Last winter, filmmakers and brothers Joe and Harry Gantz decided to document the lives of eight families in Portland, Ore., living outside of the middle class during this economic downturn.
The filmmakers found their families by teaming up with the nonprofit social services organization 211 in Portland, monitoring and recording calls from families in need of social services. The film, “American Winter,” turned out to be a very vivid snapshot of what life was like for many formerly middle-class families. Families that, amid the deepest valley of the economic downturn, were having trouble keeping it all together.
Harry Gantz said that a lot of the parents featured in the documentary tried to shield their kids from seeing the family struggle.
“But of course, the children can’t be shielded from the water being turned off,” he said. “So it affects them in deep, emotional ways, and has long-term impact on them in terms of their education, their self-worth — all the things that parents worry about their kids having.”
“This stress is what these families deal with every day, all day, and it filters down to the kids,” said Joe Gantz. “And it really makes the quality of life really diminished.”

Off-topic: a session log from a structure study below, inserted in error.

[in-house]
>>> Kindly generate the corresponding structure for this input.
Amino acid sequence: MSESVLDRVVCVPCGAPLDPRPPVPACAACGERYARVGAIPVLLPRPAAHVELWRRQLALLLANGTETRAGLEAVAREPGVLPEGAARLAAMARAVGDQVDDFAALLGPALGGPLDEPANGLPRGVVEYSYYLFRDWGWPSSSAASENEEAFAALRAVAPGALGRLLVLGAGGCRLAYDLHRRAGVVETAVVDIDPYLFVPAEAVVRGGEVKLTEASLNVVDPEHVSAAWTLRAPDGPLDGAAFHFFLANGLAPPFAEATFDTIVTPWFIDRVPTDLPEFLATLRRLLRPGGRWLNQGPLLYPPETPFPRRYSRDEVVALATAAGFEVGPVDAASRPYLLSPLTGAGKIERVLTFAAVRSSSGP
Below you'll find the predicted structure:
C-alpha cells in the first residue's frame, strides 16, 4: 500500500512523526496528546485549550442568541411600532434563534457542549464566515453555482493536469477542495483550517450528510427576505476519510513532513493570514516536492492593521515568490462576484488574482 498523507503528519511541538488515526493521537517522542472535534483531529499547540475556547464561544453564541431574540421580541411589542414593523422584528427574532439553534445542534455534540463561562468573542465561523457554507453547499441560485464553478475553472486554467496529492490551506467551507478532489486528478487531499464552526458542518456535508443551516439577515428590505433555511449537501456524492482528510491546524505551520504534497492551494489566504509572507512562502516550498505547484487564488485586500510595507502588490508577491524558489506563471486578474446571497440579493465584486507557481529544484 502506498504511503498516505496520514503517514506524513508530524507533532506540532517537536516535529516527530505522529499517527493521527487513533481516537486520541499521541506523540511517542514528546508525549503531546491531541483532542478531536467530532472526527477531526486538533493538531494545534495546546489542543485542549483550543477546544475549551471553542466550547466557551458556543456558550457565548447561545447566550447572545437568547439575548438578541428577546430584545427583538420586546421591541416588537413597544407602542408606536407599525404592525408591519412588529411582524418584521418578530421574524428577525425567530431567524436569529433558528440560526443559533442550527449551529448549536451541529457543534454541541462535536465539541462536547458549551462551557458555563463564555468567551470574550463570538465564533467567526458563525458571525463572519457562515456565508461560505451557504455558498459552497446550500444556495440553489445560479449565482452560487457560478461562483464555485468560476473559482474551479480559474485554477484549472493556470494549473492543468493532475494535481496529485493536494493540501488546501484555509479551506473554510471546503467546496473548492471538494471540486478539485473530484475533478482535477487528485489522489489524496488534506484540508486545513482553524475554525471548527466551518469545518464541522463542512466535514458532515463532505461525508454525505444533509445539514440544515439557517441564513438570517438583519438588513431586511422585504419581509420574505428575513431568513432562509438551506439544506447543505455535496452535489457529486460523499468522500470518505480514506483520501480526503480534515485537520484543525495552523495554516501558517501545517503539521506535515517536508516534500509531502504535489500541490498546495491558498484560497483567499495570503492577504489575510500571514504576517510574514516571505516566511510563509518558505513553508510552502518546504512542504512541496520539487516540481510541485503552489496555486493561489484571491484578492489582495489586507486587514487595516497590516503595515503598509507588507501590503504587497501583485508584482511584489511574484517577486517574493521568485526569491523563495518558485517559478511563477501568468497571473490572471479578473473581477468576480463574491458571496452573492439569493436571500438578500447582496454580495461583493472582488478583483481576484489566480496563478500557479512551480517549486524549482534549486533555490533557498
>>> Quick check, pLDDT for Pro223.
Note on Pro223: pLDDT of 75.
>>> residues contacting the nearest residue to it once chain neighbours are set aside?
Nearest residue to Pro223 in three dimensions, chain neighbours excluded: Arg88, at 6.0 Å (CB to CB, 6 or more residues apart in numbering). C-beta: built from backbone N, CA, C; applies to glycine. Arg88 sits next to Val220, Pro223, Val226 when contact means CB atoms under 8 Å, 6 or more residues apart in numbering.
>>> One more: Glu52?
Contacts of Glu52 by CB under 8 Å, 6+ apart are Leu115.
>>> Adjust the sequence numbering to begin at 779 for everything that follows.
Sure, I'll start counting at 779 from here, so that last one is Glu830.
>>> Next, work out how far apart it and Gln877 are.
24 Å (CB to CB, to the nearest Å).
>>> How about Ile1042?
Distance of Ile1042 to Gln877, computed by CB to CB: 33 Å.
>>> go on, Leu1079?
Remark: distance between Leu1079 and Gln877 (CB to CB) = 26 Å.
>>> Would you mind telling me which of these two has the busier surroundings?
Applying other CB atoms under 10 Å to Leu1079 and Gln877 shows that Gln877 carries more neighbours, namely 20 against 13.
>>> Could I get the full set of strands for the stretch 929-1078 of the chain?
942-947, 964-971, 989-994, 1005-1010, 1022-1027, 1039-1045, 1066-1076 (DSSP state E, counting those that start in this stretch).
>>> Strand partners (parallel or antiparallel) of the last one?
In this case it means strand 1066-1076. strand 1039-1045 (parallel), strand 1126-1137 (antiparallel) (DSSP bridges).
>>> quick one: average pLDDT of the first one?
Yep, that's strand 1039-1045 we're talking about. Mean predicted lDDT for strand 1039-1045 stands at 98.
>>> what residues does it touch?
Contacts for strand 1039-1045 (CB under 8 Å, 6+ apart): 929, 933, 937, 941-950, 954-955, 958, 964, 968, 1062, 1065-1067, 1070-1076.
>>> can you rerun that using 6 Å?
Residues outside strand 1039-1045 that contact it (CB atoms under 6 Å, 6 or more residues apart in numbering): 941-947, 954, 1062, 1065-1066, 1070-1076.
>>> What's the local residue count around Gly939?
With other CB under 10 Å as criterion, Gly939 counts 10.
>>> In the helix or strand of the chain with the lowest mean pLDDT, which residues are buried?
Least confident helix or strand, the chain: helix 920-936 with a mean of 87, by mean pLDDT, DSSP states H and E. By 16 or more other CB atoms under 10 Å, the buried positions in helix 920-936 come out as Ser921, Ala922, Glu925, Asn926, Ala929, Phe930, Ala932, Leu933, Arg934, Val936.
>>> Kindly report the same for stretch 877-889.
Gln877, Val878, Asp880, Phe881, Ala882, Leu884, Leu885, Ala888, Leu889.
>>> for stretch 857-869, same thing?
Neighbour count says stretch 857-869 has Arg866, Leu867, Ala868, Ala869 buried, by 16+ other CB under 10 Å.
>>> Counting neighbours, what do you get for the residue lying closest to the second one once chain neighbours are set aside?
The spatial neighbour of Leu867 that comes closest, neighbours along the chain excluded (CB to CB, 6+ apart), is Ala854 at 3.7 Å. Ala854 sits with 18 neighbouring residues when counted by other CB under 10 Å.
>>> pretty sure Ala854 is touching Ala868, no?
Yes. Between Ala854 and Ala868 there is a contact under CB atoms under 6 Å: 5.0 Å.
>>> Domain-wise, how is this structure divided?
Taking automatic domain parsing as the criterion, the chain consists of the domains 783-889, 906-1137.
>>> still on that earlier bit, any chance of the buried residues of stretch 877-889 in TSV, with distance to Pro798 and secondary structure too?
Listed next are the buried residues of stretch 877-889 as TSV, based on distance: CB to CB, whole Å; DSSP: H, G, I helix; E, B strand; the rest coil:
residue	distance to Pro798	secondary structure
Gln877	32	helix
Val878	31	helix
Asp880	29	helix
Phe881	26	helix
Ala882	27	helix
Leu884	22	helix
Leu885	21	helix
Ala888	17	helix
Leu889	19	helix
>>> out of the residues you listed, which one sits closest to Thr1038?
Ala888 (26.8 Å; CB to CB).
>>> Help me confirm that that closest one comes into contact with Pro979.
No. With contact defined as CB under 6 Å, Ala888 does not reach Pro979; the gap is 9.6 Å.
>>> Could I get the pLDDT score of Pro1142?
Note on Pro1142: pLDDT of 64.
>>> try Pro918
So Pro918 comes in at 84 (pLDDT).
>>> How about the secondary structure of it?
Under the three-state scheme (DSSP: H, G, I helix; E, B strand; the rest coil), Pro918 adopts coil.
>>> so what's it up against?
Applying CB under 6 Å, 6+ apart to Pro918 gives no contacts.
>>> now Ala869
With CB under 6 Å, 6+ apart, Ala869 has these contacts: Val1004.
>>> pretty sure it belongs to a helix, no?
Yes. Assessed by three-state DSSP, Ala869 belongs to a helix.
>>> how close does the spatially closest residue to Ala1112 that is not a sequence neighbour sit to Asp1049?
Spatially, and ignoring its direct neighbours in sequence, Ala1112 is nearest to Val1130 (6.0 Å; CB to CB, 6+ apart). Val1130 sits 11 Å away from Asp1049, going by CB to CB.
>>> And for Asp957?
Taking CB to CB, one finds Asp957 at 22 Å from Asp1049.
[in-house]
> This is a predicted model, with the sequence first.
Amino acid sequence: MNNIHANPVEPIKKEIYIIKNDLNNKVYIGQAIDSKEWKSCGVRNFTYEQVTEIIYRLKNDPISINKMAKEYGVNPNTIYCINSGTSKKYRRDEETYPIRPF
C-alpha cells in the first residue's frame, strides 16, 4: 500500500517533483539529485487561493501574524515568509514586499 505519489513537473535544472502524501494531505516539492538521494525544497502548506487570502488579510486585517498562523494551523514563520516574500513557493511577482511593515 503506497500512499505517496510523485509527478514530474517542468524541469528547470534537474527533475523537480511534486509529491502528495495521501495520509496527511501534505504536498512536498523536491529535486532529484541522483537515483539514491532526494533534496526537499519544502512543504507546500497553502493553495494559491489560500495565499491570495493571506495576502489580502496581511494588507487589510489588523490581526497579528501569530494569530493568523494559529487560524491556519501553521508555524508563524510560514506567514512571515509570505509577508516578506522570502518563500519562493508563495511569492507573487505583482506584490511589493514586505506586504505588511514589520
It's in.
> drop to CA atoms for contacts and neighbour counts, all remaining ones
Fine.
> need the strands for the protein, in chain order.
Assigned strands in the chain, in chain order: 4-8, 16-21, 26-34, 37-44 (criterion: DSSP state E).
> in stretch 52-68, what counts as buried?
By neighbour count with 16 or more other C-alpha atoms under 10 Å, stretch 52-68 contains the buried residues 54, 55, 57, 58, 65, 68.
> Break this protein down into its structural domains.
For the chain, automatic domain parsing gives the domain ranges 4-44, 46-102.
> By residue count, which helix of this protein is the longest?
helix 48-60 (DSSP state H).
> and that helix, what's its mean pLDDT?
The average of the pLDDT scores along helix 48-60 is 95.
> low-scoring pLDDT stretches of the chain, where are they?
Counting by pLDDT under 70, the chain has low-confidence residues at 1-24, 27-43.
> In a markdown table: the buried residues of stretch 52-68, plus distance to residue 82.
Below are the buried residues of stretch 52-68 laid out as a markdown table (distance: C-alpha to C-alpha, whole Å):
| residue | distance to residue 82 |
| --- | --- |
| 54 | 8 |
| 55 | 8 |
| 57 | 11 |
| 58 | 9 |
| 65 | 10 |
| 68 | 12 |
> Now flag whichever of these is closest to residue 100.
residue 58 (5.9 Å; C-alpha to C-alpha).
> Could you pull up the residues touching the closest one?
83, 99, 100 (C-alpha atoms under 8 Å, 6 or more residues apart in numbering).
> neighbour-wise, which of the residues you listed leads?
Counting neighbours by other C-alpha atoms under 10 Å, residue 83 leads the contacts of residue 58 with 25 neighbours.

In making the film, the brothers spent a lot of intimate time with the families — in- and outside of their homes. The filmmakers said the families let them in because it was a way of showing the rest of the world what they were going through.
“I think a lot of these families feel like the world doesn’t care about them,” said Harry Gantz. “It’s a full-time job not only to work, but also to navigate the social service system.”
“We made the film because we felt that there was this economic discussion going on at every level, but it wasn’t taking into consideration what was happening with real families all across this country,” said Joe Gantz. “And we felt that if people could see how families were struggling, it would be easier to kind of connect with what’s really going on in this country right now.”
“American Winter” airs on HBO on Monday, March 18 at 9 p.m.
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